"What Is Taxable Possessory Interest (PI)? A taxable possessory interest (PI) is created when real estate owned by a government agency is leased, rented, or used by a private individual or entity for their own exclusive use. The taxation of this interest is similar to the taxation of owners of privately owned property."

Whereas this applies to a non-profit entities:

"Organizations that qualify for federal tax-exempt status are, by law, exempt from paying property taxes in all 50 states. The value of the exemption depends on the size and nature of the real estate that the nonprofit owns."
"Nonprofits are also exempt from paying sales tax and property tax. While the income of a nonprofit organization may not be subject to federal taxes, nonprofit organizations do pay employee taxes (Social Security and Medicare) just like any for-profit company."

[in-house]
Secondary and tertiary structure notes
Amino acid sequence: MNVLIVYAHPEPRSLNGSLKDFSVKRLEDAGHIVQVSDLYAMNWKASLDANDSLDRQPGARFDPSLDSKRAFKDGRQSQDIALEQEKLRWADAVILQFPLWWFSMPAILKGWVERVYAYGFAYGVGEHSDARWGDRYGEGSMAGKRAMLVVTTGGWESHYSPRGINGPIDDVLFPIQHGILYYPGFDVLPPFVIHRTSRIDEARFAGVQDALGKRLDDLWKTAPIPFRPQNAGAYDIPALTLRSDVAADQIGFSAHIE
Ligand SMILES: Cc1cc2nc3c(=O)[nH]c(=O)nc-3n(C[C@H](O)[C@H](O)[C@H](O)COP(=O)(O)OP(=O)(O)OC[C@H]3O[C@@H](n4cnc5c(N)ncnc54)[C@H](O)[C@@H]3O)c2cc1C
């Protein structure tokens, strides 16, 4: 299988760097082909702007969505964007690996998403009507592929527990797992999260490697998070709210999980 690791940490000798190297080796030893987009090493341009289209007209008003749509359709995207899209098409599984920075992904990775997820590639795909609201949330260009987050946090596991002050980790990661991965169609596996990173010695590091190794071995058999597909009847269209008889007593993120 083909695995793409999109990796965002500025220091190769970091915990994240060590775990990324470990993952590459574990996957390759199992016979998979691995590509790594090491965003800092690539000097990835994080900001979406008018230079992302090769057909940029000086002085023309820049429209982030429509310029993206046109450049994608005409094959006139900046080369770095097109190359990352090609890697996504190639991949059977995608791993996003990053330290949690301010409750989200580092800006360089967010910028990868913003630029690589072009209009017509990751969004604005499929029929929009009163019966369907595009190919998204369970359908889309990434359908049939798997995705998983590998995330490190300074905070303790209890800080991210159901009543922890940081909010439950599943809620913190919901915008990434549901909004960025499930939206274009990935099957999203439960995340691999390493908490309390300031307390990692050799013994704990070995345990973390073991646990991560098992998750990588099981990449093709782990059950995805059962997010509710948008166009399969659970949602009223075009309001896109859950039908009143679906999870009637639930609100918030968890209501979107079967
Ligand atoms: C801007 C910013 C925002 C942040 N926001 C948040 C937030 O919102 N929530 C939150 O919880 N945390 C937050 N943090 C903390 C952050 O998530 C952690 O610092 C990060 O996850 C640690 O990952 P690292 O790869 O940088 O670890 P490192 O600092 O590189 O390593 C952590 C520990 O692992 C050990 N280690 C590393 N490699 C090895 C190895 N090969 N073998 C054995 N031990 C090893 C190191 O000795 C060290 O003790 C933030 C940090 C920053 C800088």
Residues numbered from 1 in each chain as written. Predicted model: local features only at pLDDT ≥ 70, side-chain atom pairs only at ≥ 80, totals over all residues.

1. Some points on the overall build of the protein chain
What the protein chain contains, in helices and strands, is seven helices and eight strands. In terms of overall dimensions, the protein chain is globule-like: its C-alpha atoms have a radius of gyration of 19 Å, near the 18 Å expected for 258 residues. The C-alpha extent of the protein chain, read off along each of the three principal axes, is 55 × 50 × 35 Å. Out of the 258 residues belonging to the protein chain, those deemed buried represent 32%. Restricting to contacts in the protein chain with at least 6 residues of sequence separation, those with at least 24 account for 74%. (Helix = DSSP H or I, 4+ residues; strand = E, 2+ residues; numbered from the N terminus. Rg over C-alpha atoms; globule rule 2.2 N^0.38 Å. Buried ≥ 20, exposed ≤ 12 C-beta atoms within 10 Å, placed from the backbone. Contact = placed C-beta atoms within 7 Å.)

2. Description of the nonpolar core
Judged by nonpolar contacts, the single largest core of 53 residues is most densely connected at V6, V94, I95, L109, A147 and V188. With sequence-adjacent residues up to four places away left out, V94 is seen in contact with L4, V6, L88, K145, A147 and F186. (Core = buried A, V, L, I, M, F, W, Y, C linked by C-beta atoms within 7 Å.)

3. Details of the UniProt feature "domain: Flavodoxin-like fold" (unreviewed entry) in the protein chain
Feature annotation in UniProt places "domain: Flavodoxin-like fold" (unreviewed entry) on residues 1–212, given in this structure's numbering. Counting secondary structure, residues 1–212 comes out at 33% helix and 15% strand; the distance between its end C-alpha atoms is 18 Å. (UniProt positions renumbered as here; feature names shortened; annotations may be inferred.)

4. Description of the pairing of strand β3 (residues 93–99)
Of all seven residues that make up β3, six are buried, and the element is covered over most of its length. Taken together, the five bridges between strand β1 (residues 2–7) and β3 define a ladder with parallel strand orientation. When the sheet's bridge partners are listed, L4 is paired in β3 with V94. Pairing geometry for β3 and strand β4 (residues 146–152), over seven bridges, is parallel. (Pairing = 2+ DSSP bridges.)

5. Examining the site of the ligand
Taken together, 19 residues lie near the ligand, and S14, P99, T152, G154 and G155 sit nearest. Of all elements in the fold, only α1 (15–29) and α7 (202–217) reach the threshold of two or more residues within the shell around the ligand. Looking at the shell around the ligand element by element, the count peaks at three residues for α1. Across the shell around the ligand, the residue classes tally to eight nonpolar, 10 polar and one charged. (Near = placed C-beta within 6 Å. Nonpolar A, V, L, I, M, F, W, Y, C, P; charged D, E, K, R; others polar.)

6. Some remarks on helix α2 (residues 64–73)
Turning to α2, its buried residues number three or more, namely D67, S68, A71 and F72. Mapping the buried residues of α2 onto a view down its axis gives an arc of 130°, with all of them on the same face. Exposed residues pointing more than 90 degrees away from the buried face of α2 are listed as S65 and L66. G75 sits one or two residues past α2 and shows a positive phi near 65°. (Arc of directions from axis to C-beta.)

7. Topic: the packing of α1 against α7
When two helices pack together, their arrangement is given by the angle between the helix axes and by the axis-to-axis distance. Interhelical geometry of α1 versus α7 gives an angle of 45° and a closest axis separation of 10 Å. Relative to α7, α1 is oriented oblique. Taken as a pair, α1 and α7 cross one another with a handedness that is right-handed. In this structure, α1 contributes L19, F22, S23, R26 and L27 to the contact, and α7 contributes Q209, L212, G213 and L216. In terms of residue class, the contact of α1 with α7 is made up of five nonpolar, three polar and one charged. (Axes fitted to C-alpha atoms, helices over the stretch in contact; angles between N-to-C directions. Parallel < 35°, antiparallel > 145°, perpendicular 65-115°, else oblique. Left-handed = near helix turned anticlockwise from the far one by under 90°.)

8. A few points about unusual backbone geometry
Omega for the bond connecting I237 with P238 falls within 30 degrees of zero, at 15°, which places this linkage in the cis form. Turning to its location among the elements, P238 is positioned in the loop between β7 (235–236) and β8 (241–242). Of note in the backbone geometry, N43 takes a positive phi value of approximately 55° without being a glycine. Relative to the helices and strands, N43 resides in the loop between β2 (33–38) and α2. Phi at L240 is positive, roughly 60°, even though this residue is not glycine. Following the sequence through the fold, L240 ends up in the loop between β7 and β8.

11 people like this
Posted by ex college terrace home owner
a resident of another community
on Aug 24, 2019 at 2:17 pm

Only property used for academic purposes is exempt from property tax. Vacant (or occupied) houses owned by Stanford in College Terraces/Menlo Park/Palo Alto are NOT property tax exempt. Any El Camino land that Stanford owns and leases to a business is NOT property tax exempt. Any land on the Stanford "academic reserve" that is leased to horse/cattle/agriculture for 3rd party operation is NOT property tax exempt. Now what might be a problem for some of you, is any off campus buildings like in RWC for the Medical Center or Alumni affairs - that property is probably considered academic purpose related and San Mateo County is losing out on property tax income.


20 people like this
Posted by margaret heath
a resident of Evergreen Park
on Aug 24, 2019 at 2:59 pm